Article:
College of Medicine names new assistant dean for DEI

Dr. Bi Awosika has served as a mentor, advisor and advocate for medical students and residents

Bi Awosika, MD, has been named assistant dean of diversity equity and inclusion at the University of Cincinnati College of Medicine with a focus on medical education. She begins her new responsibilities March 18.

“I am completely humbled and honored to be given the opportunity to serve in this capacity. The Office of Diversity, Equity and Inclusion within the College of Medicine has and continues to serve as an integral resource for not only the medical school community but also for the institution at large,” Awosika says. “Given its foundational roots and growth, the significant task to continue its legacy is one that will be held in the highest light, and I look forward to being a part of college leadership to fulfill the mission in this role.“

Awosika currently is an associate professor in the Department of Internal Medicine, Division of General Internal Medicine. She serves as a hospitalist at UC Medical Center and is associate program director for the Internal Medicine Residency Program. She will continue in both roles while taking on her new responsibility with the college’s Office of Diversity, Equity and Inclusion (DEI).

“Since joining the College of Medicine faculty in 2016, Dr. Awosika has consistently engaged students, residents and faculty on important DEI issues working to eliminate implicit bias, promoting inclusivity and making working and learning environments more diverse and equitable. She also has been a trusted mentor, advisor and advocate for students and residents, especially those who identify as being from under-represented populations,” says Andrew T. Filak Jr., MD, senior vice president for health affairs and Christian R. Holmes Professor and Dean of the College of Medicine.

Bi Awosika Internal Medicine Hospitalist in White Coat

Bi Awosika, MD

Awosika has been involved in numerous departmental DEI task forces and helped form the Implicit Bias Improvement Group in 2019, which has since transformed into the Medical Community Advocates for Representation, Equity and Social Justice (MedCARES). Awosika is the faculty champion of MedCARES, which serves to reduce implicit bias in the Internal Medicine Residency Program and promote diversity and inclusion. She also previously has served as the faculty advisor for the Minority Housestaff Association, which helps create opportunities for advancement of under-represented residents and fellows through mentorship, networking and professional development. She also is chair of the Resident Clinical Competency Committee and serves as an advisor to the Resident Diversity Leadership Program. Recently, Awosika has become an advisor to under-represented minority third- and fourth-year medical students.

These efforts have helped bring national recognition to Awosika. In 2021, she was selected as one of the National Minority Quality Forum Forty Under 40 Leaders in Minority Health to represent the next generation of thought leaders in reducing health disparities and serve as role models. At the College of Medicine, she has received the Richard Vilter Award in the Department of Internal Medicine and was a 2021 recipient of the college’s Excellence in Mentoring Award.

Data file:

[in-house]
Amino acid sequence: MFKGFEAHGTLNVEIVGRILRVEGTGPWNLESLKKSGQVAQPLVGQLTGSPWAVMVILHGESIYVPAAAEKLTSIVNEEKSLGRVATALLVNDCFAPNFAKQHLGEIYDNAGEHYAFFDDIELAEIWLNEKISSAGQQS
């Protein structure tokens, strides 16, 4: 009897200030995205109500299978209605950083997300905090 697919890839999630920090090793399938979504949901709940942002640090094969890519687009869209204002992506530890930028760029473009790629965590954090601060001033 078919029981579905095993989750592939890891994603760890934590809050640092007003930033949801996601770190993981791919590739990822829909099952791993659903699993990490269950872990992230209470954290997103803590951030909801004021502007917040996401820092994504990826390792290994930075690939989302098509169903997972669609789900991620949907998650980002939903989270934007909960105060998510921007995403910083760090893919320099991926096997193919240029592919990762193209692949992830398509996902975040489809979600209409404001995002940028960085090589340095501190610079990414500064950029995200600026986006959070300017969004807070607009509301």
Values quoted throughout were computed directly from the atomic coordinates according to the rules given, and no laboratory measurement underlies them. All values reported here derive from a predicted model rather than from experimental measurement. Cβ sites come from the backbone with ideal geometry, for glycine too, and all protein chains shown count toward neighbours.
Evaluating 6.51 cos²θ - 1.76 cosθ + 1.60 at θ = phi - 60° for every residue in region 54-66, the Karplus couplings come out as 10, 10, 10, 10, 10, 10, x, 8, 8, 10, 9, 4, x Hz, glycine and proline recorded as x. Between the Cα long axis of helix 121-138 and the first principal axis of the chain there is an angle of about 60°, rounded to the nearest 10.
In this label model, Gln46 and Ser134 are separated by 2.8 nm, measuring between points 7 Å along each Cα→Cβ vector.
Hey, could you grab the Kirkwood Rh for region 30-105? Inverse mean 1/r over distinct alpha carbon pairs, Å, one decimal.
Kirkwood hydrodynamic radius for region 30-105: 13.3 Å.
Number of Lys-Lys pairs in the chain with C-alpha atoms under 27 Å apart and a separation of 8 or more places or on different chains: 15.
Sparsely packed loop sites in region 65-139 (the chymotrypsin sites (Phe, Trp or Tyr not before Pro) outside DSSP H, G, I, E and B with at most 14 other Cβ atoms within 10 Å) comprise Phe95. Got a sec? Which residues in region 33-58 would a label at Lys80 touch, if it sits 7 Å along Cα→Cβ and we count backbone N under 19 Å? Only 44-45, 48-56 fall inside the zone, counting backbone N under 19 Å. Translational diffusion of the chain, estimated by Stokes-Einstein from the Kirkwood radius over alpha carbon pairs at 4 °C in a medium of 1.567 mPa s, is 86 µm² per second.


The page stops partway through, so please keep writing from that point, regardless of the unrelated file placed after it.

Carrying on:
“It has been a privilege to know and truly reaffirm the inspiring backgrounds, journey and talent that are found within our medical student body,” Awosika says. “The journey from entering medical school to its completion may be one filled with relative ease for some, but for others, there is also the recognition of elements of adversity and hardship. The concept of the ‘distance traveled’ looks different for each learner and it is our responsibility as medical educators to acknowledge those differences.”

Awosika will work closely with Steven Kniffley Jr., PsyD, after he begins May 8 as senior associate dean for DEI and also will collaborate with Philip Diller, MD, PhD, senior associate dean of educational affairs.

Awosika says she is optimistic in the direction the college has taken and its growth in the area of DEI, but knows that additional work is needed. She points to mitigating bias while promoting competency-based medical education, supporting pipeline initiatives and reducing bias in assessment as among her goals. She also wants to explore ways to optimize the clinical experiences for students in the various clinical site environments so learning is equitable. She hopes her work will “help to elevate the pursuit of cultural humility in our various spaces that would provide a ripple effect when we interact with the surrounding communities.”

“There is undeniable richness to the power of DEI, from building our teams and nurturing our clinical and research environments, empowering and educating stakeholders, to providing optimal care to the same diverse patient populations we have the privilege of serving,” Awosika says. “More specifically, the devotion to DEI efforts and the work that remains in supporting our learners is work that will allow us to celebrate the successes while also exploring how to come back to the table to overcome the challenges. It is a feat that patience, forward thinking and collaboration will help in sustaining us as leaders in continuing to promote the progress and advancements that are necessary.”


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